Featuring over 300 fashion drawings in ink, watercolours and gouaches painted by the avant-garde artist Carlos Sáenz de Tejada in Paris in the 1930s, this exhibit at the upper floor of the Casal Solleric is an authentic graphic chronicle of one of the great undiscovered avant-garde artists of the time. The painter, one of the greatest illustrators of his time, guides the visitor through the trends of the fashion capital of these days, portraying the new role women played during that period.
The exhibit, virtually an anthropological journey through fashion trends, is also a reflection of the new role of women in society at the time, his works an example of models of a stylized figuration, leaving aside his penchant for the avant-gardism of the early twentieth century or the social realism for which he became renowned during the 1920’s, being the wild years, and 1930s, the time of the Great Depression, time of revolution for fashion.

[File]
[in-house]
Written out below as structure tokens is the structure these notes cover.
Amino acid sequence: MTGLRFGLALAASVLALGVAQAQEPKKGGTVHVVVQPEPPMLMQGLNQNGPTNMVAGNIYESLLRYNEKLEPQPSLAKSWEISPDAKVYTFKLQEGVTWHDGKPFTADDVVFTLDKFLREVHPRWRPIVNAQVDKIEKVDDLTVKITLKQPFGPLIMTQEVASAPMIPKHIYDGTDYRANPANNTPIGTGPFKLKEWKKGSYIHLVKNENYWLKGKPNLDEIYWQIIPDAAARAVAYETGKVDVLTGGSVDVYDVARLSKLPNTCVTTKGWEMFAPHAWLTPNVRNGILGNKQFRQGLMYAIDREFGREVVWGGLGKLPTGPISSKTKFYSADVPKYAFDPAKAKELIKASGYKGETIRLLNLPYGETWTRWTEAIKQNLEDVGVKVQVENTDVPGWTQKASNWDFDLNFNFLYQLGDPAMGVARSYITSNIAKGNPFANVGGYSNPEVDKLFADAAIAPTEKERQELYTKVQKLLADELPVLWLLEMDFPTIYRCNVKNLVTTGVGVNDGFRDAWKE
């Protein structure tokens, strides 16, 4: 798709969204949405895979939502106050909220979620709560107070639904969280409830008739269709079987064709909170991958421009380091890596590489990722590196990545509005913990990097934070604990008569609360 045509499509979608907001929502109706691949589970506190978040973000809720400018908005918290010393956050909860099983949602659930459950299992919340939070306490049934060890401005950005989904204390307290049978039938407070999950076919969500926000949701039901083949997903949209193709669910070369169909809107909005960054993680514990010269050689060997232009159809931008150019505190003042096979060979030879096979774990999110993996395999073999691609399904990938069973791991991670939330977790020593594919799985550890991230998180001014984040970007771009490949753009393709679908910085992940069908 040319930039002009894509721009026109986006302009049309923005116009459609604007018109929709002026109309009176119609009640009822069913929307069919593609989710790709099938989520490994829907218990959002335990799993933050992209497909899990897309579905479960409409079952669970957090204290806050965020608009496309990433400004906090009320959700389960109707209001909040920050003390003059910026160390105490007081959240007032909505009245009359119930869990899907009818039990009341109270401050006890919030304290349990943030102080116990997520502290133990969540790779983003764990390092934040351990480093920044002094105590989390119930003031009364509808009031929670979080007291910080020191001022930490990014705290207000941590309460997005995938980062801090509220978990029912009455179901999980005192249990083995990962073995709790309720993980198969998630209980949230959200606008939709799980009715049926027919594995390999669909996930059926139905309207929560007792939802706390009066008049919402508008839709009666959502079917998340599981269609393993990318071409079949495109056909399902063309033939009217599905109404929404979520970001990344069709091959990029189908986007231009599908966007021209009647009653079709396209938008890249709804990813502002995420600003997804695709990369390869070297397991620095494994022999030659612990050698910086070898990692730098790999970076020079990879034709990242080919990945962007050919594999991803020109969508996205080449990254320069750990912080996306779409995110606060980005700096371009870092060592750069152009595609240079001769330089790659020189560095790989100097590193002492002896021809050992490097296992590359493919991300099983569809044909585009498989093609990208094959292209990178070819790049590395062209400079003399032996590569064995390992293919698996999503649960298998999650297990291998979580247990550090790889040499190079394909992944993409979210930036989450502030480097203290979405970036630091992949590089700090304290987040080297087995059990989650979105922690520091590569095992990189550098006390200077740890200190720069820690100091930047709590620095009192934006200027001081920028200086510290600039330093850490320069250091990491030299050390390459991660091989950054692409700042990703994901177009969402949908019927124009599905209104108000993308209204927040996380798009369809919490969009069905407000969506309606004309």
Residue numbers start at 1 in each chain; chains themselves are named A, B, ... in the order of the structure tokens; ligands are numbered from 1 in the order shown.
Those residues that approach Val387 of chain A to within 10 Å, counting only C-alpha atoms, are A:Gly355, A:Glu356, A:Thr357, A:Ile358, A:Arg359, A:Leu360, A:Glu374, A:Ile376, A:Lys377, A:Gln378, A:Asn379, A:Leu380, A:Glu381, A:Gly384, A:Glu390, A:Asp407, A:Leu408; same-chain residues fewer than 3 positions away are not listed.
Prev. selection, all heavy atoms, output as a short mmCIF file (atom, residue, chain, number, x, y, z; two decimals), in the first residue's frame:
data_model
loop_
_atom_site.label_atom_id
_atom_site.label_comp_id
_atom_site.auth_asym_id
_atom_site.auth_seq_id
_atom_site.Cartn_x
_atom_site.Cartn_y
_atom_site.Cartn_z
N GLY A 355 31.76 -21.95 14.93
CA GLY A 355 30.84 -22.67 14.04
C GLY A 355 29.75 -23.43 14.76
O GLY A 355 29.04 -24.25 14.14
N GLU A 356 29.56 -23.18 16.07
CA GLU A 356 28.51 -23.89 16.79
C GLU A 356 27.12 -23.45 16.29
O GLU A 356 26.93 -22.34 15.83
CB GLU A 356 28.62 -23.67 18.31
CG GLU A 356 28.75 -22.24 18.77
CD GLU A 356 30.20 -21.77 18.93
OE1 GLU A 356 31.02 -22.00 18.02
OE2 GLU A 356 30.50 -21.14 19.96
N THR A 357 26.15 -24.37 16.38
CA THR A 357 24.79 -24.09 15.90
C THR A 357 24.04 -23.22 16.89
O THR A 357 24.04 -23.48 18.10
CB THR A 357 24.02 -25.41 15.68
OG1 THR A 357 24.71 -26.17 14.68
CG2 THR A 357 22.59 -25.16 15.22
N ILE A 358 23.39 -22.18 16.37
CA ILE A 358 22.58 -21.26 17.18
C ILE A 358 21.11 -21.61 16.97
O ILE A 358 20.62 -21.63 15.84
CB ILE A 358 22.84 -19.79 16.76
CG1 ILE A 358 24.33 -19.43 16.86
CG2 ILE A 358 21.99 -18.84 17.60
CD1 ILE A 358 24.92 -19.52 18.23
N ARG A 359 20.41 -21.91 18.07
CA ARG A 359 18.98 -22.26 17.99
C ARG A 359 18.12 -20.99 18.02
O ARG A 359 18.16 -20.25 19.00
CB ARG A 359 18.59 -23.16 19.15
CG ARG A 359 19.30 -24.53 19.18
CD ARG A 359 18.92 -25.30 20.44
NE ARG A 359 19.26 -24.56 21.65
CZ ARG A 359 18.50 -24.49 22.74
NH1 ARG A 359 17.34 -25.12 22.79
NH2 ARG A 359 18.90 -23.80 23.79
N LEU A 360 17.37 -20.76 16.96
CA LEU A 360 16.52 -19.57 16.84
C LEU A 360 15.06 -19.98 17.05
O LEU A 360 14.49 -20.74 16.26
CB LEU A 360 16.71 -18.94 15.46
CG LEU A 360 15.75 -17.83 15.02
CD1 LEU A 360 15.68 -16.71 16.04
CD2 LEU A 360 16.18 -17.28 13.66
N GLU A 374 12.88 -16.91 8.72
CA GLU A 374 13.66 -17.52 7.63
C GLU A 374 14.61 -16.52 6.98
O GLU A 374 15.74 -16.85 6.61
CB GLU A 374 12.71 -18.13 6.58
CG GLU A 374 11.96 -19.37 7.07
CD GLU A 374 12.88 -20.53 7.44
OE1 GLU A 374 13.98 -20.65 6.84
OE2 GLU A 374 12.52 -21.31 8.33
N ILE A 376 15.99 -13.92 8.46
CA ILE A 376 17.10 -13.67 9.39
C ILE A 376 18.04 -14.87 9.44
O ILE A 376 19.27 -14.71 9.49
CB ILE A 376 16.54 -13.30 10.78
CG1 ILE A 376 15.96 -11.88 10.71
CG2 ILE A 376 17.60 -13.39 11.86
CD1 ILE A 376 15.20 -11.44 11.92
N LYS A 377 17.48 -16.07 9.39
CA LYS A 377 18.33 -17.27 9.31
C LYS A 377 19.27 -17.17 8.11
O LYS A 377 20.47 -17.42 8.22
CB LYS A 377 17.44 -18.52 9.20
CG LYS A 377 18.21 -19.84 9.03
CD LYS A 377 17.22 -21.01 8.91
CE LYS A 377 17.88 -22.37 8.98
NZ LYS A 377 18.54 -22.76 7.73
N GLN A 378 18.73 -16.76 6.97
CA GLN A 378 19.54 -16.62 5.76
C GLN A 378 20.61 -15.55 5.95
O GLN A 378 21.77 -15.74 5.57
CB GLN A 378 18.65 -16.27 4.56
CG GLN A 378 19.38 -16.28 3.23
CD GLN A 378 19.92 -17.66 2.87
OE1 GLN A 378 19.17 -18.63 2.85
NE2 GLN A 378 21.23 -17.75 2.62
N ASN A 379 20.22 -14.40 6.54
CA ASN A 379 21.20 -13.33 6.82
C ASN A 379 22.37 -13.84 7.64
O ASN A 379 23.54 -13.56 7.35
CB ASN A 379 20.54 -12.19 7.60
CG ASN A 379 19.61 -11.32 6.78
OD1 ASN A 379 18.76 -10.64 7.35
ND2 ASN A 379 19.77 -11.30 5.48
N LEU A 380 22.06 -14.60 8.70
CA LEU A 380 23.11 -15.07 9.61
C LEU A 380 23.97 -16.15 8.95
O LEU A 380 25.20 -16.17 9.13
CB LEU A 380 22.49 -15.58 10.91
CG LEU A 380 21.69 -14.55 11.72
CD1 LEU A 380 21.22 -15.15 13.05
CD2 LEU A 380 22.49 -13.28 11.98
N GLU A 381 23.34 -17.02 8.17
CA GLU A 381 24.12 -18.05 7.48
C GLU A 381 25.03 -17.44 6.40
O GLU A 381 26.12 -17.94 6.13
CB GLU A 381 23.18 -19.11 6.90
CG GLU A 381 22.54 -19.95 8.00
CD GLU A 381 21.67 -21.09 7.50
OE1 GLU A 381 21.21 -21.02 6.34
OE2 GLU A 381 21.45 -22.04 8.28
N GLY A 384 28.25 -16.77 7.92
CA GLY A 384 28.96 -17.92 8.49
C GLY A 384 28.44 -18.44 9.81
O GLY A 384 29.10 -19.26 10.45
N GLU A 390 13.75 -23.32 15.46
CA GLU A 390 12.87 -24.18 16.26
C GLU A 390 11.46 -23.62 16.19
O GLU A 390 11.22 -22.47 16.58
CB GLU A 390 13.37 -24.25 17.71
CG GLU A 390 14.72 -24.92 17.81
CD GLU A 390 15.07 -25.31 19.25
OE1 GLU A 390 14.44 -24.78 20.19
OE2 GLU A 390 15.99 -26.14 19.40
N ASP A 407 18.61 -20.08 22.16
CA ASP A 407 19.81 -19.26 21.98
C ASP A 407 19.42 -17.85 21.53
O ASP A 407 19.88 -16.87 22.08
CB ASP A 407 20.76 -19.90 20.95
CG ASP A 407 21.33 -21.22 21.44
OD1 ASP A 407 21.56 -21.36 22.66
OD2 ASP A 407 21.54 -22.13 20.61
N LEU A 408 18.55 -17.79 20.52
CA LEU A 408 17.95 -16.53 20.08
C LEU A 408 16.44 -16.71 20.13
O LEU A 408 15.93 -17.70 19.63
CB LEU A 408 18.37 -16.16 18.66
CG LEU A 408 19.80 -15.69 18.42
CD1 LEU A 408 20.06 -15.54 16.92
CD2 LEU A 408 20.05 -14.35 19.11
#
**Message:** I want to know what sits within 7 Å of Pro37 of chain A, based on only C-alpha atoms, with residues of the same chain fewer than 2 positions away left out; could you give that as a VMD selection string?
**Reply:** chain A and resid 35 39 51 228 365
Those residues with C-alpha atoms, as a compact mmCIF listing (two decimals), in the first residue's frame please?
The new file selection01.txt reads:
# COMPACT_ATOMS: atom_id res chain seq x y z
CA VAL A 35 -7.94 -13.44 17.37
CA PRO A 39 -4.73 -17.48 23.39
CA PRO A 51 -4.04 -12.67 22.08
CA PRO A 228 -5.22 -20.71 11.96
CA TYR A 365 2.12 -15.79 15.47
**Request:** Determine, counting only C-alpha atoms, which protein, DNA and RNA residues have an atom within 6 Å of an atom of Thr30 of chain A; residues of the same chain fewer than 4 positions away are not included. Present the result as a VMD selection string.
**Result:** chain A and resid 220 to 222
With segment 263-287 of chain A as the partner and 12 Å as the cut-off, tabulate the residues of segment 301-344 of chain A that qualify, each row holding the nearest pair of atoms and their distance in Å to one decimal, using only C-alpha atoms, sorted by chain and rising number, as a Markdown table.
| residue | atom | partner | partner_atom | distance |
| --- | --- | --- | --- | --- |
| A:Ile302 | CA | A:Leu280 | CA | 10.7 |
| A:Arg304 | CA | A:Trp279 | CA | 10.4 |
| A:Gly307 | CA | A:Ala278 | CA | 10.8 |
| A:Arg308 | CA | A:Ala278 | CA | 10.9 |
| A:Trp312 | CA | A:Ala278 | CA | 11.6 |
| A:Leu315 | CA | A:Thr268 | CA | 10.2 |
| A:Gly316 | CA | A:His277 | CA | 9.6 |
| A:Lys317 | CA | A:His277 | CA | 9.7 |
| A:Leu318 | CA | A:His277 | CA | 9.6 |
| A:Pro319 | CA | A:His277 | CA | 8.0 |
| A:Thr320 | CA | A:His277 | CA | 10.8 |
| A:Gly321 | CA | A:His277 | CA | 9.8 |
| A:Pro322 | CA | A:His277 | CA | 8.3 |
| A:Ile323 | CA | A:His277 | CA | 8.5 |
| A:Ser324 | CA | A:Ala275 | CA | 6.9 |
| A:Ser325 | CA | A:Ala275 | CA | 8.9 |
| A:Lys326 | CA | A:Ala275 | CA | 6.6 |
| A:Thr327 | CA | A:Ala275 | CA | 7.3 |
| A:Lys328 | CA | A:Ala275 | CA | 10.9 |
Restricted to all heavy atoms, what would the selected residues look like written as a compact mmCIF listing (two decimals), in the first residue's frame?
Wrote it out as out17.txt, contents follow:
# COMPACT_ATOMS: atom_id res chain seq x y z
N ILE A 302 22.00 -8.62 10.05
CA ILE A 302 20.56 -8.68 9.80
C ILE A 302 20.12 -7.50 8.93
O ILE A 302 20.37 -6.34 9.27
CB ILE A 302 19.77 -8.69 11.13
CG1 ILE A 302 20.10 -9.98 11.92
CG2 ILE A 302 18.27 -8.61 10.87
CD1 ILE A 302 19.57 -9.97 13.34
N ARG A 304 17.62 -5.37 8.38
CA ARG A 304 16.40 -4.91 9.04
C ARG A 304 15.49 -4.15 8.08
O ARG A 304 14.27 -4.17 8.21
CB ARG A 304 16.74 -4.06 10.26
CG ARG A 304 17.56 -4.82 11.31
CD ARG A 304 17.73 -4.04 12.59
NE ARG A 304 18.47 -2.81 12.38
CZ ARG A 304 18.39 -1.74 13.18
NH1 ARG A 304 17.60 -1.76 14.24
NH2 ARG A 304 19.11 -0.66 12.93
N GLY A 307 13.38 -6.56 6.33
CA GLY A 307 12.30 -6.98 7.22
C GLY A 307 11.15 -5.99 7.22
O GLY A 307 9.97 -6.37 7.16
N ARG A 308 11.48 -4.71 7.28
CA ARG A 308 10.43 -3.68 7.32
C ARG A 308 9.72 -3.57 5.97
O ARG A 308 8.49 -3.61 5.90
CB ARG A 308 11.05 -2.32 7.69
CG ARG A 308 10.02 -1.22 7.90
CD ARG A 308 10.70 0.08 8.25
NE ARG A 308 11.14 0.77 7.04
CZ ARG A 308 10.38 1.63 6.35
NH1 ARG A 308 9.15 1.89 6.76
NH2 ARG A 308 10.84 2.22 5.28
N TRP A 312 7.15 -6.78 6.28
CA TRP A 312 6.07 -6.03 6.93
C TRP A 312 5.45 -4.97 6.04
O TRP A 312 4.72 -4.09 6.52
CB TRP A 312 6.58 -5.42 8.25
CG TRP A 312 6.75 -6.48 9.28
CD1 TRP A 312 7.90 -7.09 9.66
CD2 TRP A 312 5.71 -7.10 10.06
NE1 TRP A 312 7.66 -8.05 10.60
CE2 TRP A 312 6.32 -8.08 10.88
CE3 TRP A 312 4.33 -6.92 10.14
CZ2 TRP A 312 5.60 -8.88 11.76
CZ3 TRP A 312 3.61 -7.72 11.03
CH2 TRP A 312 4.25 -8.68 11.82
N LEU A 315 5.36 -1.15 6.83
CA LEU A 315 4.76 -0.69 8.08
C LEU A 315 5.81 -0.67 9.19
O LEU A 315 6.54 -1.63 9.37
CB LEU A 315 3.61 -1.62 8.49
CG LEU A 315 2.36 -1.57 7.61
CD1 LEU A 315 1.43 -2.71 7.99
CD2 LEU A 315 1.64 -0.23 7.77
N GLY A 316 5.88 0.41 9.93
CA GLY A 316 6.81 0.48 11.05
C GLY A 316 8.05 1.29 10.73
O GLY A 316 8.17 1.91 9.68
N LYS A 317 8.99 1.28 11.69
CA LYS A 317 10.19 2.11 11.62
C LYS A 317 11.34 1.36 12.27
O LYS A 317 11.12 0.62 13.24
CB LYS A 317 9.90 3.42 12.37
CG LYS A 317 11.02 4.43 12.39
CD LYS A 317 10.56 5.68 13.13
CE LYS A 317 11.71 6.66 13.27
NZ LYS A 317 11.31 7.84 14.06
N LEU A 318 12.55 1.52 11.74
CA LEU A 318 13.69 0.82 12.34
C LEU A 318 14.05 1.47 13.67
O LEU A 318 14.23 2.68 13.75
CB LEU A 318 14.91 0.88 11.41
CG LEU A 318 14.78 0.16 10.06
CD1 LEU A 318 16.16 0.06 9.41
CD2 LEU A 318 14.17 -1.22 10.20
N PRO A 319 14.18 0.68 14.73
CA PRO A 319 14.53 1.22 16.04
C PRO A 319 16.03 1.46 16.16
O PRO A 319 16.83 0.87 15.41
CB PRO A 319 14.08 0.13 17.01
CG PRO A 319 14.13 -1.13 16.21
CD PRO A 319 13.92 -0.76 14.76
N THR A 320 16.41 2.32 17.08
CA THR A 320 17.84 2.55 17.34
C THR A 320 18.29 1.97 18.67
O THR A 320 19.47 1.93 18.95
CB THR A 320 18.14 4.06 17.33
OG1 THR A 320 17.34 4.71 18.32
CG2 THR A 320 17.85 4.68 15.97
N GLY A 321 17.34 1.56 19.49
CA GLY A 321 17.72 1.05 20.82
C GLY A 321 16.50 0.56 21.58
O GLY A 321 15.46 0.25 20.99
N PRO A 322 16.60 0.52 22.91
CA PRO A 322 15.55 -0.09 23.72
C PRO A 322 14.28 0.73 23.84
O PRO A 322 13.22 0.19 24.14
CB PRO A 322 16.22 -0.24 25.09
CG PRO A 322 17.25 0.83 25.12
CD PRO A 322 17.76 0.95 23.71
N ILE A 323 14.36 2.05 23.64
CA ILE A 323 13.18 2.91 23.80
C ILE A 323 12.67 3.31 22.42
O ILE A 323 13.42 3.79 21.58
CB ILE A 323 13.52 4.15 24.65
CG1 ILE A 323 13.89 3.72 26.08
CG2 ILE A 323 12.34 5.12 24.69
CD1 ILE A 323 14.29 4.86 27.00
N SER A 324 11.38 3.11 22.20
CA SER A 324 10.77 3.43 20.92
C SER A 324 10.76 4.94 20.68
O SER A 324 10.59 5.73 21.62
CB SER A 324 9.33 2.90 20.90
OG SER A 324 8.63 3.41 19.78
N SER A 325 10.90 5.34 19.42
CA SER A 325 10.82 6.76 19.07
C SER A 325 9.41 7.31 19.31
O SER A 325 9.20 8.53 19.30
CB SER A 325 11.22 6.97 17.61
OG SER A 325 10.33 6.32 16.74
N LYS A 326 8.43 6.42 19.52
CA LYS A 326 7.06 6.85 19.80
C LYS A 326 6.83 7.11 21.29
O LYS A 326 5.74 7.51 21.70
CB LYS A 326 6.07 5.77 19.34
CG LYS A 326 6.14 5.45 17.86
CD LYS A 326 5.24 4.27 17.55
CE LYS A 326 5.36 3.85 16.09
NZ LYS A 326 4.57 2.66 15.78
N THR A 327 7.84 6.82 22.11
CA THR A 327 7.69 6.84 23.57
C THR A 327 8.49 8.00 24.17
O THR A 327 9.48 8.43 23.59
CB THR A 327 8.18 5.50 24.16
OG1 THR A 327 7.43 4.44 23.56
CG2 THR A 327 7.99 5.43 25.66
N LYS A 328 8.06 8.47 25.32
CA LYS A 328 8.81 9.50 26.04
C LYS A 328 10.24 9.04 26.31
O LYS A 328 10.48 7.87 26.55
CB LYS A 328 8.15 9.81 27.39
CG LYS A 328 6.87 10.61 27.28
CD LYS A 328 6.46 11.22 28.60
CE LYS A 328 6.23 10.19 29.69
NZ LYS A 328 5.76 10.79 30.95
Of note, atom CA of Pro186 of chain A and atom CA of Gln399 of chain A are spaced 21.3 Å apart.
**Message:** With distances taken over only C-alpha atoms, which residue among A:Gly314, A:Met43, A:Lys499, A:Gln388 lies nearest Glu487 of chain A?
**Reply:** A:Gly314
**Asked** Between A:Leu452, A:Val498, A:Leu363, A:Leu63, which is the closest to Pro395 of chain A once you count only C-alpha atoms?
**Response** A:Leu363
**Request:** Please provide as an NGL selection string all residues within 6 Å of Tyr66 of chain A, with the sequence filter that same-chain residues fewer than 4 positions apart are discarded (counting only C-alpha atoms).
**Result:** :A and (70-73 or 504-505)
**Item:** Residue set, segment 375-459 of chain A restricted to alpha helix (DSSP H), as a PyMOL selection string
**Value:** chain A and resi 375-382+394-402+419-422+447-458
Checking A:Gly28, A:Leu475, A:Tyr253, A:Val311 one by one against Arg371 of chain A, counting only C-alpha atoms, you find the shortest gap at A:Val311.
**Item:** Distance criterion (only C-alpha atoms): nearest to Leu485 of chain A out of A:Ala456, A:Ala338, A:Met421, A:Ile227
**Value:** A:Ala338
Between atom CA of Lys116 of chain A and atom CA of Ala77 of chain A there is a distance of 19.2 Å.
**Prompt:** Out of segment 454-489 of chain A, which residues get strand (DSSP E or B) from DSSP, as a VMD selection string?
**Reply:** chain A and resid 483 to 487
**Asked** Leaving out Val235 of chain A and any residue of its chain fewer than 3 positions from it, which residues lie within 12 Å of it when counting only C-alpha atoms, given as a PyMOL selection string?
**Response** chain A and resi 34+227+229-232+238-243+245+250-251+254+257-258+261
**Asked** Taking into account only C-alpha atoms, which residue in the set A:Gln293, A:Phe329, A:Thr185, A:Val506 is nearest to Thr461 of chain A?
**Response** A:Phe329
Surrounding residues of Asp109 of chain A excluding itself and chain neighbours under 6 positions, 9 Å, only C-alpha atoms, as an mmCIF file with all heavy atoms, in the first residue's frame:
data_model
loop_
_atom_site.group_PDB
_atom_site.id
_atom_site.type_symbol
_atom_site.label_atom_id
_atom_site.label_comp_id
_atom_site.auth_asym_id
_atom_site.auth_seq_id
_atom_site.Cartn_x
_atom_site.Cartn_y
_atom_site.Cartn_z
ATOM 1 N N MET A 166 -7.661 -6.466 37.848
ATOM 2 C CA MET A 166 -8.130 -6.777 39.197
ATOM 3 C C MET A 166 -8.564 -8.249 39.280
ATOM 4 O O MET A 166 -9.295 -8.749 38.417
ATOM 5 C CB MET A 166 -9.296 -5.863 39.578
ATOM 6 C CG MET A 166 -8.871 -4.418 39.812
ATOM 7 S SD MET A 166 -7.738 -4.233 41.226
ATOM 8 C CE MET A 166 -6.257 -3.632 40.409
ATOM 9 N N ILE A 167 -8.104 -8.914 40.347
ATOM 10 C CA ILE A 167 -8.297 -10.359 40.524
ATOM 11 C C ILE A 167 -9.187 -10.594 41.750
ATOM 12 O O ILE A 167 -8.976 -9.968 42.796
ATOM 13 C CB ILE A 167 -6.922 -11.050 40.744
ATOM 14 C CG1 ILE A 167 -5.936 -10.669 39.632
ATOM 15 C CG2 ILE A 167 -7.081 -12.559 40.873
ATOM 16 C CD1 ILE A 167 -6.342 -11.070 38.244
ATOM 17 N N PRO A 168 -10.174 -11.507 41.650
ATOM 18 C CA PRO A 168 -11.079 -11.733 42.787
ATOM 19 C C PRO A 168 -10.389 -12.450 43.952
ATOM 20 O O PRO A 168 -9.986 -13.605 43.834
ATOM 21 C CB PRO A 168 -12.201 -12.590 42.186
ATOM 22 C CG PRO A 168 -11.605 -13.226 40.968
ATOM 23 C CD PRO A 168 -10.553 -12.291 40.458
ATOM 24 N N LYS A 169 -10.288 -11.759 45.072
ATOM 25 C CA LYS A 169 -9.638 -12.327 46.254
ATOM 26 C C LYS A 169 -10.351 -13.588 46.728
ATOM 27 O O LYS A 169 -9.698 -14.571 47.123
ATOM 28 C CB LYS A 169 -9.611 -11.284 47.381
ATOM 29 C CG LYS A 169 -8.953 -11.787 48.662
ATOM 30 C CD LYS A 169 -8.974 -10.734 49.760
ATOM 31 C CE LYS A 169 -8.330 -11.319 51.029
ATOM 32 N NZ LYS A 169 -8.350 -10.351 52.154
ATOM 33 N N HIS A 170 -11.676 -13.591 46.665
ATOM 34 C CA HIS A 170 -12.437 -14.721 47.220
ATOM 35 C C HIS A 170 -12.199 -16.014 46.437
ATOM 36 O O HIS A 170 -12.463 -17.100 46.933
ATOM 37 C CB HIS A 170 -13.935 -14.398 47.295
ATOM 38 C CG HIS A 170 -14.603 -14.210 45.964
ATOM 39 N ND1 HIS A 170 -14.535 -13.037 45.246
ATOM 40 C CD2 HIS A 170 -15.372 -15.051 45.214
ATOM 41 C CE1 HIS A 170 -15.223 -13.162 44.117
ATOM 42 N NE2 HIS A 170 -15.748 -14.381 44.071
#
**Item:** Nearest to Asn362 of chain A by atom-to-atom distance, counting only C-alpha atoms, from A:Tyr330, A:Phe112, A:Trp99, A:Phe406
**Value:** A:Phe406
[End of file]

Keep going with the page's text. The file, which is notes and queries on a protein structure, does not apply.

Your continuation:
For nearly 10 years, Carlos Sáenz de Tejada, steeping in the surrealism of Dalí and Breton, was front row witness to the latest collections and inner workings of the leading Paris fashion houses, shows presented by Worth, Patou, Callot Soeurs, Heim, Paquin or Rochas – where the models were still known as mannequins.
These shows, written up and illustrated on the pages of the daily newspaper ABC and the weekly magazine Blanco y Negro, were recreated by the artist in international publications, such as the French magazines Jardin des Modes and Femina, the German fashion magazine Elegant Welt and the American magazine Harper’s Bazaar. Under a pseudonym he also illustrated for the competition, Vogue.